Genesis 18 Part 1: Is Anything Too Hard for God?

Posted: February 11, 2011 in Devotionals

Is anything too hard for the LORD to do? Maybe you’ve asked yourself that question before….maybe you haven’t. Maybe…you think the question is kind of pointless. Either way…that’s the question that comes up in the first part of Genesis 18 (verses 1-15).

It’s a sweltering (uncomfortably hot) day. Abe is chillin’ where he and his family have set up shop in a place called Mamre. Mamre is located a bit west of the Dead Sea…southwest of where Jerusalem would be eventually. Anyway….Abraham is hanging out, I assume trying to keep cool, when guess who shows up again? You guessed it…the LORD himself (verse 1). This has happened a few times now since we first met Abe back in chapter 12. In chapter 12 we’re just told that, “The LORD said to Abram….” (Genesis 12:1). Then in chapter 15 we’re told that, “the word of the LORD came to Abram in a vision…” (Genesis 15:1). Then there’s chapter 17, where we simply read that, “…the LORD appeared to Abram…” (Genesis 17:1). Here in chapter 18, things appear to start off quite similarly, but then we have this curious statement in verse 2.

“He [Abraham] lifted up his eyes and looked and behold, three men were standing in front of him.”

So which one is it? Who is it that appears to Abraham? The LORD or these three men? OR…are they somehow connected? Abraham’s actions provide us with some clues. The text says , “When he saw them, he ran from the tent door to meet them and bowed himself to the earth.”  (verse 2)  This is highly unusual. 1) First of all, old men don’t run. Remember Abe is 100 years old at this point. It would have been considered very undignified for a man of his age and social status to run for any reason. It would be like seeing your grandpa, who believes whole-heartedly that dancing is from the devil, doing the stanky leg at a family gathering. You’ve got a better chance of scrambling eggs on the pavement in winter, than seeing that happen.

Abe’s running let’s us know that he recognized these men to be very important. 2) He shows further respect and humility before these men by bowing himself to the ground. Then he shows incredible hospitality to them. He invites them for lunch. But he doesn’t say, hey why don’t ya’ll stay for lunch. He says, O Lord, if I have found favor in your sight, do not pass by your servant”. (verse 3). Now, in some cases the word “Lord” is simply a sign of respect, or a formal greeting like “sir”, but here, the word is “Adonai” which specifically refers to God. Abe responds to these men the way that he does, because he recognizes that one of them is God in visible form!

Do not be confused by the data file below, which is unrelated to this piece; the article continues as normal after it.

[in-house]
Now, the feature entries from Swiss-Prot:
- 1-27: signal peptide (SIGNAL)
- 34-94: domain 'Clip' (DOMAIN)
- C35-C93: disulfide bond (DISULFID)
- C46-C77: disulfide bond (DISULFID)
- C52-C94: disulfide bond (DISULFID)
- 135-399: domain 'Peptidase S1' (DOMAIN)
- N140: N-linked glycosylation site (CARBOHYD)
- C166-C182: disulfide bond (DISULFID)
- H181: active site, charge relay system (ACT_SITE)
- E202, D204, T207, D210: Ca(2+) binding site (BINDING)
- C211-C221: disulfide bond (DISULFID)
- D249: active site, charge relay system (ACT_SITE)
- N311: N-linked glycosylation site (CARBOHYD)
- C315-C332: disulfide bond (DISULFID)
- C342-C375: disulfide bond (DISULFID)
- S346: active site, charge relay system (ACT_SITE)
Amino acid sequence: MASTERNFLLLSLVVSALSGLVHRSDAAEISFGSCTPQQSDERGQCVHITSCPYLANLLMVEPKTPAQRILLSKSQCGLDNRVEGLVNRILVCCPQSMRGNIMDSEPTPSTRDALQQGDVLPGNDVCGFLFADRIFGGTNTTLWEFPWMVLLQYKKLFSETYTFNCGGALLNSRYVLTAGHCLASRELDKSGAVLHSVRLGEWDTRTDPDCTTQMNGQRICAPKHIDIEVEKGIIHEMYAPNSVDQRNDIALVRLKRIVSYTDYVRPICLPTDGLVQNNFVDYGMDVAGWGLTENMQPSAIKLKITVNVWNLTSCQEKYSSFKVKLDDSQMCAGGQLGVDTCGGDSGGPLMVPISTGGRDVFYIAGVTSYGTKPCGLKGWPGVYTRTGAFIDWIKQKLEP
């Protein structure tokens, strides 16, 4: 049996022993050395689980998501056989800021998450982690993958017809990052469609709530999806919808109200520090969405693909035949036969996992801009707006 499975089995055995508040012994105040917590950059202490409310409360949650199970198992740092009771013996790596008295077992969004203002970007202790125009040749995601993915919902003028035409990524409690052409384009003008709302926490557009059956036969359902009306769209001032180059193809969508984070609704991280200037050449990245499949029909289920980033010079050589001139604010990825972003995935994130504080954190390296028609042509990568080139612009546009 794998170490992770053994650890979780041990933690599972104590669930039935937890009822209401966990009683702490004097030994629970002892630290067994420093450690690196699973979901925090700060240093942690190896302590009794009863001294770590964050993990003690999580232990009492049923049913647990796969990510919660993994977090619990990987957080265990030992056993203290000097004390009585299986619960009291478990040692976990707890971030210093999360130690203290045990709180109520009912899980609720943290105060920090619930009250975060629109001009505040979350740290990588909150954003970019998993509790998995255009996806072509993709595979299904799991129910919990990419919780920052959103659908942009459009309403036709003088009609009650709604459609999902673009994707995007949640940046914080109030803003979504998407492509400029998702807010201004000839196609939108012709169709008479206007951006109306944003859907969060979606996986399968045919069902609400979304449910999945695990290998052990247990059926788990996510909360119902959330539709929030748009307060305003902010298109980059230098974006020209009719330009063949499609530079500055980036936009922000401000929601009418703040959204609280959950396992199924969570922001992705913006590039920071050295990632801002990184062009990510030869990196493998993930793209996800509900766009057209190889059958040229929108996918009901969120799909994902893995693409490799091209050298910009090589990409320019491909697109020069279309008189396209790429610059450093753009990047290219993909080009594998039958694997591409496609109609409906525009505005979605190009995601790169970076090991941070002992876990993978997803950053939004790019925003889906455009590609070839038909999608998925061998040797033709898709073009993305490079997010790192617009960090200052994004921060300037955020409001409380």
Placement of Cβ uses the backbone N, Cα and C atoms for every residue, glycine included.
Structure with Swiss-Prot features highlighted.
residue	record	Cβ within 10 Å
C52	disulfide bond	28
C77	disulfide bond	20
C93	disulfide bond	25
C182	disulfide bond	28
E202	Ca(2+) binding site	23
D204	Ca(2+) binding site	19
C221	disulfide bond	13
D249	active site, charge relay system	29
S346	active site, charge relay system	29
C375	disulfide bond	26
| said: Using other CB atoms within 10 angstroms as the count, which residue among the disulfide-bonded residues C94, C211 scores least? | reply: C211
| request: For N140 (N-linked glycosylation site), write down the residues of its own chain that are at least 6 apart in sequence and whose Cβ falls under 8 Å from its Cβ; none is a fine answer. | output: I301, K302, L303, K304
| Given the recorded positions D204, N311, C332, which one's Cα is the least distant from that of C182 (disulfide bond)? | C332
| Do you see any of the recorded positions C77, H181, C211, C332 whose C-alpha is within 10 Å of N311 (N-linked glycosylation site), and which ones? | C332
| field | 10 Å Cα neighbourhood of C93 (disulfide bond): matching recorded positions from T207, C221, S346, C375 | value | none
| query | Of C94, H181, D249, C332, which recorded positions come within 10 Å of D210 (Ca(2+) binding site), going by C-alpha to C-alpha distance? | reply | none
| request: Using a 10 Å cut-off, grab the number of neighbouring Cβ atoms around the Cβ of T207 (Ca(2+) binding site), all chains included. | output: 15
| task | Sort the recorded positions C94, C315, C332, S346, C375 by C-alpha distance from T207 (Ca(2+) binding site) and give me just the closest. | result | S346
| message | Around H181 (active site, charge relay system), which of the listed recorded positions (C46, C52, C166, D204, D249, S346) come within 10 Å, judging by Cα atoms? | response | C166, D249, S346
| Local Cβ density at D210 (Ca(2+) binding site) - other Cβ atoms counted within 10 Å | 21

God is Spirit…he’s invisible, and yet here he reveals himself, not just in a vision or with some voice from the sky, but in an actual physical representation. This is crazy! Is this too hard for God? Is it beyond him to reveal himself in a way that we can actually see? I can’t resist here: There are several recorded instances in the OT of the LORD appearing to people. We’ll see more of them as we keep trucking through Genesis and Exodus next. And a big part of what these appearances are meant to do it to set the stage and point the way to Jesus Christ. Jesus is God in visible form. John 1:18 says of Jesus,

“No one has ever seen God; the Only One who is God, who is at the Father’s side, he has made him known.

Jesus is the One who is at the Father’s side. He’s the One who make the Father seen and known. Then there’s John 14:9, where Philip, a disciple of Jesus, asks Jesus to show him the Father…to reveal God to him, and in reply Jesus says, “…whoever has seen me has seen the Father”. To see Jesus is to see God. As Hebrews says, “He is the radiance of the glory of God and the exact imprint of his nature….” Hebrews 1:3

Jesus is the fulfillment of what these appearances of God in the Old testament pointed to.

Back to 18. In Genesis 18, Abraham has a face to face encounter with the LORD. He extends great hospitality to these three men, knowing that one of them is God in visible form. He has a nice meal of freshly baked bread and fresh meat prepared for them and gives them an occasion to rest.

At some point during the meal, the men ask about Sarah. They want to know where she is. (verse 9) After Abe tells them, the LORD reminds him that Sarah is going to give birth to a son in a year’s time. The promise comes once again. And once again, doubt enters the picture. Sarah, who is listening to the conversation from her tent, laughs. She doesn’t believe that the LORD will make good on His promise. She figured both she and Abe were too old.

Then comes the question…posed by the LORD himself,

“Is anything too hard for the LORD?….” (verse14)

Put yourself in Sarah’s sandals….would you have believed God? Do you find it difficult to believe what God says in his word in your own life? Do you find it too hard to believe that God became a man and lived among us. Jesus Christ- perfect God- perfect Man. Is anything too hard for God?

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